A small droplet of paint drips from a long paint roller as it’s making contact with the ceiling. Back and forth. Back and forth. A drop sheet lines the cement, and it’s clear that it has seen better days. Each droplet of paint on it represents a different job site, a different day, but the same old story. Smudges of paint cover a white pair of overalls. A pair of tan, scuffed work boots look like they could very well be on their last job site.

As the man stands over a basin, the clear water begins to turn white as the evidence of a hard day of work is washed away. As soap is massaged into his hands, the evidence of the work vanishes. Tomorrow, though, those hands will be covered in paint again as a brand new canvas presents itself to be worked on. There is always something to paint.

Days turn into weeks, and then into months, and then years. That’s the life of a tradesman working hard to support their family. That was Vik Grujic once. Then, it all changed.

“I’ve been in the construction industry for about 15-plus years,” Grujic explained to The MMA Corner. “I was working as a painter. Anybody that’s ever painted in the construction industry, commercial or whatever, can tell you how much of a hard job it is.”

Grujic maintained that job until the opportunity came along for Grujic to audition for the UFC’s popular reality series, The Ultimate Fighter.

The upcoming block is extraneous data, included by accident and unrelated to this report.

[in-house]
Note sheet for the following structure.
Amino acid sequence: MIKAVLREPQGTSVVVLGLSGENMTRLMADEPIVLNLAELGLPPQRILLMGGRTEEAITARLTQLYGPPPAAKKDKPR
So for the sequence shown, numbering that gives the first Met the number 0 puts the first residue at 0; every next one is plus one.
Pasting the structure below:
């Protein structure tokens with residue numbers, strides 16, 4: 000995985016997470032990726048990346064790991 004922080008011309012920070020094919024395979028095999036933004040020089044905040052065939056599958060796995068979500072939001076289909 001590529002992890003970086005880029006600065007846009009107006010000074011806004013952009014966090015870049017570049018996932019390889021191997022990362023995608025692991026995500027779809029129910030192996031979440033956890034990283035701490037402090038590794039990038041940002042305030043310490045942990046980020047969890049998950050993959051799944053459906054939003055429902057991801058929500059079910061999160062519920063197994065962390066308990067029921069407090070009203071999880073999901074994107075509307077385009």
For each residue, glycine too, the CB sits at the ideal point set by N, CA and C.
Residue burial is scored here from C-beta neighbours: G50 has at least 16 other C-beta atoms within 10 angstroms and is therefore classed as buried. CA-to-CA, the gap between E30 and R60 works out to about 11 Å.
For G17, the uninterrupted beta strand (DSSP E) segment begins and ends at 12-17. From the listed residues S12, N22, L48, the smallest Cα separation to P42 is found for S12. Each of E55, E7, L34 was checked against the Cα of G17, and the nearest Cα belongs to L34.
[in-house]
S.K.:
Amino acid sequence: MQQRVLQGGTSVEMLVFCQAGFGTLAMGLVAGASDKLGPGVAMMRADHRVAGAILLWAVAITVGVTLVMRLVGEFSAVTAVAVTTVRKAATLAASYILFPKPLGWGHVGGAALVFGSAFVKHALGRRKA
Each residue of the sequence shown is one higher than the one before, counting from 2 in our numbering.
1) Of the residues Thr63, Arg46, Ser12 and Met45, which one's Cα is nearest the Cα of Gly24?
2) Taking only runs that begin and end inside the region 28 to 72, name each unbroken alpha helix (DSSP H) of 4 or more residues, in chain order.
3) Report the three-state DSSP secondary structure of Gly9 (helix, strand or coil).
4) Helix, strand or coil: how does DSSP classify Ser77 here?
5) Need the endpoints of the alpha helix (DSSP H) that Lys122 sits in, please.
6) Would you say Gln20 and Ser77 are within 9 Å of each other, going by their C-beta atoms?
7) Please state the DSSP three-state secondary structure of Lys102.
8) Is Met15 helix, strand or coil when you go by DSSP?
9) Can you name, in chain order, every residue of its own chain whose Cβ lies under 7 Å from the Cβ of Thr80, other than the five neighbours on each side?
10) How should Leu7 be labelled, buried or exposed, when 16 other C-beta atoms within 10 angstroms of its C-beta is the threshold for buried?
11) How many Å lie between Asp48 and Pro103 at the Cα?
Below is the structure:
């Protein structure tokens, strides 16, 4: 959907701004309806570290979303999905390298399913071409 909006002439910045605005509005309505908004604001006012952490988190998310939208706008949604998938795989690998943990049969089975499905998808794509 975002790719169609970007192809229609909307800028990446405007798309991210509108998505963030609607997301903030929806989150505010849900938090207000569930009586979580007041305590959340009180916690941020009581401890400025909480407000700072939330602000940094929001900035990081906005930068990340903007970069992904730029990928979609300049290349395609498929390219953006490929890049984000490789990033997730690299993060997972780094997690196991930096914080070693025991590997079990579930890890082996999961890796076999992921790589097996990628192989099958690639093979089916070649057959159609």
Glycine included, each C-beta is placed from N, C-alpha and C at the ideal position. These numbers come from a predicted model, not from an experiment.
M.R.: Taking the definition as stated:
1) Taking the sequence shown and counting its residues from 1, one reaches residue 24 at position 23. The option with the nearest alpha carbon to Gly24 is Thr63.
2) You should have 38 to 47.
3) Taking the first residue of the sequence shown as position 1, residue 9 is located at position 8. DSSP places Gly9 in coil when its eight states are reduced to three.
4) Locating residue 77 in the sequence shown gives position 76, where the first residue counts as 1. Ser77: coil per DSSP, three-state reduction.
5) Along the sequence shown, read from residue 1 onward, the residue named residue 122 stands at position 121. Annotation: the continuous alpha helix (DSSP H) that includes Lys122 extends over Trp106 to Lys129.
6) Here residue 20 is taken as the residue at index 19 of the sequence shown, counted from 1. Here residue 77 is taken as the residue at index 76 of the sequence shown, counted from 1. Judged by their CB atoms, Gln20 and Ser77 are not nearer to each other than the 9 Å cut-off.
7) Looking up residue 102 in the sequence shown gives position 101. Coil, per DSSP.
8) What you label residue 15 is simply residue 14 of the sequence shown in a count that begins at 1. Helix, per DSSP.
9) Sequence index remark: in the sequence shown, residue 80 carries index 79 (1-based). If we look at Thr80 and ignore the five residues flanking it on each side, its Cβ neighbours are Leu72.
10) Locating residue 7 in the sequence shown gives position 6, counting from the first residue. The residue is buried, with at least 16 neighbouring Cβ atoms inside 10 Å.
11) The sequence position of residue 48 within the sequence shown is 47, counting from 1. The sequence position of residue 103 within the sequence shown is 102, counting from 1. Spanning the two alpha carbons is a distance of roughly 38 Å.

“Getting past the first round of selections, that was a really big hurdle for me,” Grujic admitted. “I kinda felt really confident after that. It’s strange to explain. I kinda felt that I had it; I thought that I was in a really good position to get in and get on the show. I think there was a period of about six weeks we had to wait until we heard if we were on the show, and that was a really anxious period. I was at work one day and I got the phone call that I was on the show and something like that. You know instantly that your life has changed forever for the better. That day I got the call to tell me I was selected for The Ultimate Fighter, I pretty much put the tools down and I never looked back.”

As it was made known during his tenure on The Ultimate Fighter: Nations, Grujic is a passionate family man. Naturally, the time away from his family is something that Grujic found extremely hard throughout the filming of the television series. Now, as he prepares for his second outing in the UFC, he has put himself through it all over again, this time traveling to Alliance MMA in San Diego. And his family? They are almost a world away in Australia, but they are always on his mind.

“That’s the hardest thing about it,” Grujic revealed. “There’s a couple of guys here who travel interstate to train at Alliance, and they are family men, too. It hurts you no matter who you are. I don’t know what kind of person you’d have to be to not care about your family like that. Especially myself, I’m extremely close to my family, my wife, my three girls. They’re everything to me. I’m getting lots of photos. I get to Skype them every day, but it’s not the same thing. It’s not that closeness that you feel when you are at home. I’m getting very emotional about it now. I’ve been away from home for five weeks now and it really sucks. That’s the part about this whole thing that sucks.